SOFIA set to begin cycle two astronomy observations

Nov 06, 2013
The SOFIA flying observatory deployed to Christchurch, New Zealand, in July 2013 for an opportunity to study the skies above the Southern Hemisphere. Credit: NASA / Carla Thomas

NASA, the German Aerospace Center (DLR), the SOFIA Science Center, and the German SOFIA Institute (DSI) have announced the selection of 51 investigations to study the universe using the Stratospheric Observatory for Infrared Astronomy (SOFIA). SOFIA, a joint program between NASA and the DLR, is set to begin its second full cycle of science flights from February through December 2014.

The SOFIA observatory is a substantially modified 747SP aircraft that carries a telescope with an effective diameter of 100 inches (2.5 meters) to altitudes above 39,000 feet (12 km), beyond the obscuring layer of water vapor in Earth's atmosphere.

"More than 1,000 hours of observing time were requested, three times the amount available, evidence of SOFIA's desirability to astronomers," said SOFIA Science Missions Operations Director Erick Young in announcing the awards of observing time. "The approved projects make good use of the observatory's capabilities to study objects ranging from Earth's solar system neighbors to galaxies hundreds of millions of light years away."

As of Nov. 5, the SOFIA has conducted 23 of 30 planned Cycle 1 science flights, including nine flights during a Southern Hemisphere deployment to New Zealand from its base at NASA's Dryden Aircraft Operations Facility in Palmdale, Calif.

The newly announced observing period, known as Cycle 2, contains 47 science flights grouped into multi-week observing campaigns spread through an 11-month span. The Cycle 2 science flights include approximately 350 research flight hours, about 200 hours of which have been awarded to guest investigators whose proposals to do research using SOFIA were evaluated by either a U.S. or a German-chartered peer review panel.

Astronomers aboard the SOFIA flying observatory pore over data gathered by the GREAT spectrometer while on a flight from Christchurch, New Zealand, during the program's first deployment to the Southern Hemisphere. Credit: NASA / Carla Thomas

In addition to the science flights planned for Cycle 2, the SOFIA program will undertake commissioning observations needed to make two more of the observatory's seven first-generation scientific instruments ready for use by guest investigators. Those instruments, the EXES (Echelon-Cross-Echelle Spectrograph), a high-resolution mid-infrared spectrograph, and the FIFI LS (Field Imaging Far-Infrared Line Spectrometer), will be available to researchers on a limited basis.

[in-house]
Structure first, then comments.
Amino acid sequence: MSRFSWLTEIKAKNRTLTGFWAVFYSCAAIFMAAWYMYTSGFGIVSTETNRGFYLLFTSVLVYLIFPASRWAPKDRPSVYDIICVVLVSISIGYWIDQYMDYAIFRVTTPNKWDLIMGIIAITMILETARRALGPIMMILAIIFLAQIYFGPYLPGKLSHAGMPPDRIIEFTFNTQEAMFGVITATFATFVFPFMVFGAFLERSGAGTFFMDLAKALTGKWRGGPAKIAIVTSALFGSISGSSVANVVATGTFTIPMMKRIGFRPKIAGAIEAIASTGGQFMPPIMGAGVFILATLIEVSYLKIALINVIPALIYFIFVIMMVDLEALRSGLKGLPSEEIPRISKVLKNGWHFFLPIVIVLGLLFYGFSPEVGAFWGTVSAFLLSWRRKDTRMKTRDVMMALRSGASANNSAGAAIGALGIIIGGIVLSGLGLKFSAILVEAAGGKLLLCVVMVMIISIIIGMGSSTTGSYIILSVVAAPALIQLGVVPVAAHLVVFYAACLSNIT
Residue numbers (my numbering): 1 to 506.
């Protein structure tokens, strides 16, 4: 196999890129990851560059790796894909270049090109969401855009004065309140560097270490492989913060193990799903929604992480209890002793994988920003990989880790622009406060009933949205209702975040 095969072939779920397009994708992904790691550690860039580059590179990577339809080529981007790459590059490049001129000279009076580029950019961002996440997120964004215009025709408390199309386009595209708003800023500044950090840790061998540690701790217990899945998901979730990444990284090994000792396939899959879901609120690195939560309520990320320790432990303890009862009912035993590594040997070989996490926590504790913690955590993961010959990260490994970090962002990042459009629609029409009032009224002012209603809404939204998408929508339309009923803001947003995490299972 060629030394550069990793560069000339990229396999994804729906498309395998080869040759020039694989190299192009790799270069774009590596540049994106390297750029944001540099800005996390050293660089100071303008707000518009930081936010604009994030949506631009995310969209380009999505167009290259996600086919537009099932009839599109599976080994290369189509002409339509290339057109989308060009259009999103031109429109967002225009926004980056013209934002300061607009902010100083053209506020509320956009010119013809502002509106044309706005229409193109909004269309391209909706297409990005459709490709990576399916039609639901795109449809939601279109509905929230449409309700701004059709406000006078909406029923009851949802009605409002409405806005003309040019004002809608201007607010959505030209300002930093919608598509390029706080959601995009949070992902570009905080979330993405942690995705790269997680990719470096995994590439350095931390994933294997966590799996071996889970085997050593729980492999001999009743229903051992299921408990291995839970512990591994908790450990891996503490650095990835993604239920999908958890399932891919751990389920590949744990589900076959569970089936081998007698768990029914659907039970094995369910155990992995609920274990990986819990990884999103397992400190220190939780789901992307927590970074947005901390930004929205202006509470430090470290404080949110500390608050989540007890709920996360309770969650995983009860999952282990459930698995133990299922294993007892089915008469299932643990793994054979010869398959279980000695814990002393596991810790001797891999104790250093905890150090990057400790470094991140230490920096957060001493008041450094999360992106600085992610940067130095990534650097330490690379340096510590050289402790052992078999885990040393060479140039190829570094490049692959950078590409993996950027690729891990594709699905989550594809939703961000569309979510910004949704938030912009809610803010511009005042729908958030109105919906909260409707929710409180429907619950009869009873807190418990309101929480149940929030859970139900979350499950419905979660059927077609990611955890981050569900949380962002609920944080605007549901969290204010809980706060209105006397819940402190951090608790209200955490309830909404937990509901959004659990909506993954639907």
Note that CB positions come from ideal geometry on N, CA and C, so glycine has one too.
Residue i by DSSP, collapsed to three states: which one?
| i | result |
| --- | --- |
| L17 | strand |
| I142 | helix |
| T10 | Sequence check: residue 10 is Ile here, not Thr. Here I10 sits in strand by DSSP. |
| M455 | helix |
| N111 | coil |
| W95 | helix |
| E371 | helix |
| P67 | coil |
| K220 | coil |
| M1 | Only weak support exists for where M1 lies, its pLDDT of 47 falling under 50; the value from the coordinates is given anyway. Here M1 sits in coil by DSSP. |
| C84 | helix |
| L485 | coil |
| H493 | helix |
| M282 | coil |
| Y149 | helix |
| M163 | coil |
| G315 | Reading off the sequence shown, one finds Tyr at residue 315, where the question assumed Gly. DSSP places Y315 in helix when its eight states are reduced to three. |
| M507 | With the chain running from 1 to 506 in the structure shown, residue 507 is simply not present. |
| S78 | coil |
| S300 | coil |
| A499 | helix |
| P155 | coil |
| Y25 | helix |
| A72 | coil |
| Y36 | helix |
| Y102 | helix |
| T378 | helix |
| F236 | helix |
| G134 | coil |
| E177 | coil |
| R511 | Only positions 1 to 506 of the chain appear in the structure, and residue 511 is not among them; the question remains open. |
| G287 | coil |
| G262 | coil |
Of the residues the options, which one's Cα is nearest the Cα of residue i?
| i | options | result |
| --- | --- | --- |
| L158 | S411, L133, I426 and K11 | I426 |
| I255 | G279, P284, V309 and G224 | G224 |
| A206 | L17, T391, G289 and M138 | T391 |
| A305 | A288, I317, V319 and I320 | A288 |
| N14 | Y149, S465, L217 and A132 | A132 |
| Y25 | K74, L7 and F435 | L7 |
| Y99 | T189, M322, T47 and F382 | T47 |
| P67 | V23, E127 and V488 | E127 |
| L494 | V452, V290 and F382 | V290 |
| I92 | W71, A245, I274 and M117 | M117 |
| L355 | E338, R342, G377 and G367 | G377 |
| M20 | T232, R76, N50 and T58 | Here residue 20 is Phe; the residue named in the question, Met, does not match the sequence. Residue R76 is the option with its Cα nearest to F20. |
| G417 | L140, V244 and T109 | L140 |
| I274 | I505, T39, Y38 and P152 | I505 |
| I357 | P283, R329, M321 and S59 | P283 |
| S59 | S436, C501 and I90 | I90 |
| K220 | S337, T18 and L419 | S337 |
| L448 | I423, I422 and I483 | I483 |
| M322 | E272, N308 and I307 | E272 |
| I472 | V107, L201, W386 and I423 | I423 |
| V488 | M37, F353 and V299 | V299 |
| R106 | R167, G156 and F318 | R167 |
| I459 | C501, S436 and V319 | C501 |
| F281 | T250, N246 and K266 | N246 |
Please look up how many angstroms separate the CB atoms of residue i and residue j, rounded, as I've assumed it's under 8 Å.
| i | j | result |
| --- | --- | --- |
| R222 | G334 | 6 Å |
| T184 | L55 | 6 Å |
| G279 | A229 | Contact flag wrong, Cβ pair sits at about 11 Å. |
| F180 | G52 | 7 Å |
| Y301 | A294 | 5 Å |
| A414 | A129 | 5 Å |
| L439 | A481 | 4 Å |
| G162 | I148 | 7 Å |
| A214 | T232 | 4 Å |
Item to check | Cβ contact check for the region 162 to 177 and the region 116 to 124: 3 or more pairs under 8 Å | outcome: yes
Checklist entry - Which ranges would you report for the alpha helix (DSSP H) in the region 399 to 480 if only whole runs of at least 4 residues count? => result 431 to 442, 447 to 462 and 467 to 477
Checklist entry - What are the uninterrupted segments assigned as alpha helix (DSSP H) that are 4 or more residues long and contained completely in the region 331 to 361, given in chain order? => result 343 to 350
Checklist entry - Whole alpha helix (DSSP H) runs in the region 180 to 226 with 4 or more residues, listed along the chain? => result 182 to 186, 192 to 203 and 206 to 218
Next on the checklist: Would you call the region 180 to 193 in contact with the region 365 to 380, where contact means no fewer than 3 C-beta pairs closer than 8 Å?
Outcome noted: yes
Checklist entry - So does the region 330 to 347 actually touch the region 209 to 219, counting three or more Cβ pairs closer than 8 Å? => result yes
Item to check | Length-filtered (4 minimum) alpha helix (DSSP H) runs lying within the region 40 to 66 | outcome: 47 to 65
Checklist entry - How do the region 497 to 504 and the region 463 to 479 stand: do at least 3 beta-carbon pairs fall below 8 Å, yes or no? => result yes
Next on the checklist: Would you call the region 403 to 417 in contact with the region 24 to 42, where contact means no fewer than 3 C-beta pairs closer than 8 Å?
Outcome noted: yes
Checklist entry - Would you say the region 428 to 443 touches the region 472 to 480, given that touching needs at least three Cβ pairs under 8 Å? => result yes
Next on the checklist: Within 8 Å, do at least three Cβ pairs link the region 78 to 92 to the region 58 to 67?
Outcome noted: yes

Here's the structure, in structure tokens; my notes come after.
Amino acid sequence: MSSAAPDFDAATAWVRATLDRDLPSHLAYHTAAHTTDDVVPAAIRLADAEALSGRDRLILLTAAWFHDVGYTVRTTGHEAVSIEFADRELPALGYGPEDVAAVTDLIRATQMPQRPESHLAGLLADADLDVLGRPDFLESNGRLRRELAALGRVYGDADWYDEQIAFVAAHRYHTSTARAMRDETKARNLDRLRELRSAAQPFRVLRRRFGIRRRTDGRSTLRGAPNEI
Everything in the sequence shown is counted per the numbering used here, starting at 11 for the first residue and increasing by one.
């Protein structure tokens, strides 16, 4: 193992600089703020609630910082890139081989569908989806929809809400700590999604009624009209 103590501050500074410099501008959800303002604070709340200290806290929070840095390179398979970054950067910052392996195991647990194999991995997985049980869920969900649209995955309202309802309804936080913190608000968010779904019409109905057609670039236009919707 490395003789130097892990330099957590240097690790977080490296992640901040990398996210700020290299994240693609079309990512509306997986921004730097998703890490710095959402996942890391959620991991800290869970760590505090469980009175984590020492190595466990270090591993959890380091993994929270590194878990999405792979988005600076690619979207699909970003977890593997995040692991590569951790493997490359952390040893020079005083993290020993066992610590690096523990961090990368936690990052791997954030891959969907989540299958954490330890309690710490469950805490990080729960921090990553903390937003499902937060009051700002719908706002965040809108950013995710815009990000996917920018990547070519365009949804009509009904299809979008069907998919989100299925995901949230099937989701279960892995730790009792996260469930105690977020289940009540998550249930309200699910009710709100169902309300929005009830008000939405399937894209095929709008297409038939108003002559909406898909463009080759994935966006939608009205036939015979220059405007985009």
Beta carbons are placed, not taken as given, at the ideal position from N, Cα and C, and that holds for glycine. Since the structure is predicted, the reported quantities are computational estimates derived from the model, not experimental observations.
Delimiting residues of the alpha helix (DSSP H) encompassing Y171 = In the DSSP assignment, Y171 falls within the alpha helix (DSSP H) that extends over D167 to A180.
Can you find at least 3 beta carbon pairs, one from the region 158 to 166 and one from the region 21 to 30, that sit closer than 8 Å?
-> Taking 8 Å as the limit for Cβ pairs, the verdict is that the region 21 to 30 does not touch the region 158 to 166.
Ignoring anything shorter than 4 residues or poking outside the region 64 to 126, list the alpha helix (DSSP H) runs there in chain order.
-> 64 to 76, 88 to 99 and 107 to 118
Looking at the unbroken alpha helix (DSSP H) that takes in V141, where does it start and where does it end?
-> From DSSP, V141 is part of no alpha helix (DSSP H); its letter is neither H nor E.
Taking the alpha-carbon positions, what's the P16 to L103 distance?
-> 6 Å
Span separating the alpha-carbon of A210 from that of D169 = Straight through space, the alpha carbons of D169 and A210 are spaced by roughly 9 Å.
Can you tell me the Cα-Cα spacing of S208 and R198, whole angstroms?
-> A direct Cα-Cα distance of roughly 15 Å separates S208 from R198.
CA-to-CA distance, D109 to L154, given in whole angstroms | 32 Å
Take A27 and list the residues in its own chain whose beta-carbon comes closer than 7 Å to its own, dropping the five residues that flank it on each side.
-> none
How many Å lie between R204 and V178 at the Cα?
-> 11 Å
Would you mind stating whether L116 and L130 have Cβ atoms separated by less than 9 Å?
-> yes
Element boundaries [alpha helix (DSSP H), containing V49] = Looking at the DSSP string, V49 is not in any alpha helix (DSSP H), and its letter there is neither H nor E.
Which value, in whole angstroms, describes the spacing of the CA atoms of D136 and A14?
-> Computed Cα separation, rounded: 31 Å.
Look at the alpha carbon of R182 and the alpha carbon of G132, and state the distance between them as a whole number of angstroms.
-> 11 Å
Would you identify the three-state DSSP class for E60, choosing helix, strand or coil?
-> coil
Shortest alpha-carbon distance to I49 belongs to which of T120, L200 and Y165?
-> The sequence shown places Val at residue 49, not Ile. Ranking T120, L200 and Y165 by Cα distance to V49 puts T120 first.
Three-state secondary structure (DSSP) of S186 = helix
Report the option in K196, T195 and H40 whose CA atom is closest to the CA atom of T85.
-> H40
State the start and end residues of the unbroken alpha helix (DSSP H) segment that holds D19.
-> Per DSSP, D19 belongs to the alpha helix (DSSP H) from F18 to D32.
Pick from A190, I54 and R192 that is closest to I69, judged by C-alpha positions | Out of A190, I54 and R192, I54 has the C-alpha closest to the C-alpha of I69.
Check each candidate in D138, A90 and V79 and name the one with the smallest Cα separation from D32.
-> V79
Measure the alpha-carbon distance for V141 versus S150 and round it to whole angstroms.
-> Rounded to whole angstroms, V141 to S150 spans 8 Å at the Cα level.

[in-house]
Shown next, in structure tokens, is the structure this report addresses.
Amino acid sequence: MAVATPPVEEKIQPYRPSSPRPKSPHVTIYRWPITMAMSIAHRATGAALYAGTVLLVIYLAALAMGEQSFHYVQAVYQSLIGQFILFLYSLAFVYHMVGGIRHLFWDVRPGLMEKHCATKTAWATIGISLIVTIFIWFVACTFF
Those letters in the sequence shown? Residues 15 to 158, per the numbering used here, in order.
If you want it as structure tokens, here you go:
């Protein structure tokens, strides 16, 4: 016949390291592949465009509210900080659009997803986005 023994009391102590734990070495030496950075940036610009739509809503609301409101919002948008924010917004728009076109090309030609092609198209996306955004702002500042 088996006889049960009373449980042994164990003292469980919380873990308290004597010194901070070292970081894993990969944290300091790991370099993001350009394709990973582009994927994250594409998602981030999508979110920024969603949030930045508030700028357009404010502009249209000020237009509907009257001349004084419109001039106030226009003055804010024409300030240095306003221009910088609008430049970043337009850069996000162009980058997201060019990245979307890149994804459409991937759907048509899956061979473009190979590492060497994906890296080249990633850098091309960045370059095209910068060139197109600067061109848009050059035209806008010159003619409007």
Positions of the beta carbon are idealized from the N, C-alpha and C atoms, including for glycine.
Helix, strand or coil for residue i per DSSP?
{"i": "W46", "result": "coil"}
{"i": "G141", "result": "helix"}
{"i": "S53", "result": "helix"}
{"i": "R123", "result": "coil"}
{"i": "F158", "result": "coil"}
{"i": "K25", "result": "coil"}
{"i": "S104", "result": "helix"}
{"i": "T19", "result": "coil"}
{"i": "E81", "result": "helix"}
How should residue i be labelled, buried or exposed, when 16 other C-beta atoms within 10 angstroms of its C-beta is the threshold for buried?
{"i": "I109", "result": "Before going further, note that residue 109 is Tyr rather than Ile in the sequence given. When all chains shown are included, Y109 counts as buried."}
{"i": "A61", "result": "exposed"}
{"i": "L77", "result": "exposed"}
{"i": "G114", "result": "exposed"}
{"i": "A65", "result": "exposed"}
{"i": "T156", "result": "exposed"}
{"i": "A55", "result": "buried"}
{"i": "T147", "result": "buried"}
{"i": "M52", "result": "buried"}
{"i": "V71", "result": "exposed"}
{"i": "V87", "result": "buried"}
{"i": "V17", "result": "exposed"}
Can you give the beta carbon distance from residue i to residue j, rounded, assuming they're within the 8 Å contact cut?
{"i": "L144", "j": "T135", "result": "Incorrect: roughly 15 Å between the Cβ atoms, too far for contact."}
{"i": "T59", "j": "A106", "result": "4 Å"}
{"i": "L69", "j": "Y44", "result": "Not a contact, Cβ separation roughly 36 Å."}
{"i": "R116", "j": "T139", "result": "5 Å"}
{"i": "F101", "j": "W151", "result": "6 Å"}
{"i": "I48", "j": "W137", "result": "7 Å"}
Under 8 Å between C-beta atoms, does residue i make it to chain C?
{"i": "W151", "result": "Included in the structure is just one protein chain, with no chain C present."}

"In the past year, SOFIA has become a first-class asset to the world scientific community," said Pam Marcum, NASA SOFIA Project Scientist. "This SOFIA Cycle 2 announcement marks an important step in our progress toward routine operations. Infrared studies from these observations will enhance our knowledge of the life cycles of stars, how planets form, the chemistry of the interstellar medium, and much more."

SOFIA set to begin cycle 2 astronomy observations
Jurgen Stutzki, deputy principal investigator for the GREAT spectrometer, was aboard the SOFIA flying observatory for a flight to study the universe during the 2013 deployment to the Southern Hemisphere. Credit: NASA / Carla Thomas

SOFIA is a joint project of NASA and the German Aerospace Center (DLR). The aircraft is based at the Dryden Aircraft Operations Facility in Palmdale, Calif. NASA Dryden Flight Research Center manages the program. NASA Ames Research Center at Moffett Field, Calif., manages the SOFIA science and mission operations in cooperation with the Universities Space Research Association (USRA) headquartered in Columbia, Md., and the German SOFIA Institute (DSI) at the University of Stuttgart.

Explore further: Deep space 'snowball' nears close shave with Mars

add to favorites email to friend print save as pdf

Related Stories

SOFIA to embark on new cycle of science observations

Aug 31, 2012

(Phys.org)—The Stratospheric Observatory for Infrared Astronomy, or SOFIA, a joint program between NASA and the German Aerospace Center DLR, is set to begin its first full cycle of science flights starting ...

SOFIA observatory on first overseas deployment

Sep 22, 2011

On Sept. 16, at 10:10 a.m. local time, NASA’s Stratospheric Observatory for Infrared Astronomy, SOFIA, lifted off from its base at Palmdale, Calif., flying east en route to Cologne, Germany, for its first international ...

GREAT spectrometer readied for flight on SOFIA

Mar 31, 2011

(PhysOrg.com) -- Scientists recently completed a series of nighttime, ground-based testing of the German Receiver for Astronomy at Terahertz Frequencies, or GREAT, spectrometer in preparation for a series ...

Space image: Through the looking glass

Jun 15, 2011

The NASA logo on Bldg. 703 at the Dryden Aircraft Operations Facility in Palmdale, Calif., is reflected in the 2.5-meter primary mirror of the SOFIA observatory's telescope.

Recommended for you

Hot explosions on the cool sun

1 hour ago

(Phys.org) —The Sun is more spirited than previously thought. Apart from the solar eruptions, huge bursts of particles and radiation from the outer atmosphere of our star, also the cooler layer right below ...

Europe secures new generation of weather satellites

1 hour ago

Contracts were signed today to build three pairs of MetOp Second Generation satellites, ensuring the continuity of essential information for global weather forecasting and climate monitoring for decades to ...

Comet Siding Spring whizzes past Mars (Update)

14 hours ago

A comet the size of a small mountain and about as solid as a pile of talcum powder whizzed past Mars on Sunday, dazzling space enthusiasts with the once-in-a-million-years encounter.

User comments : 0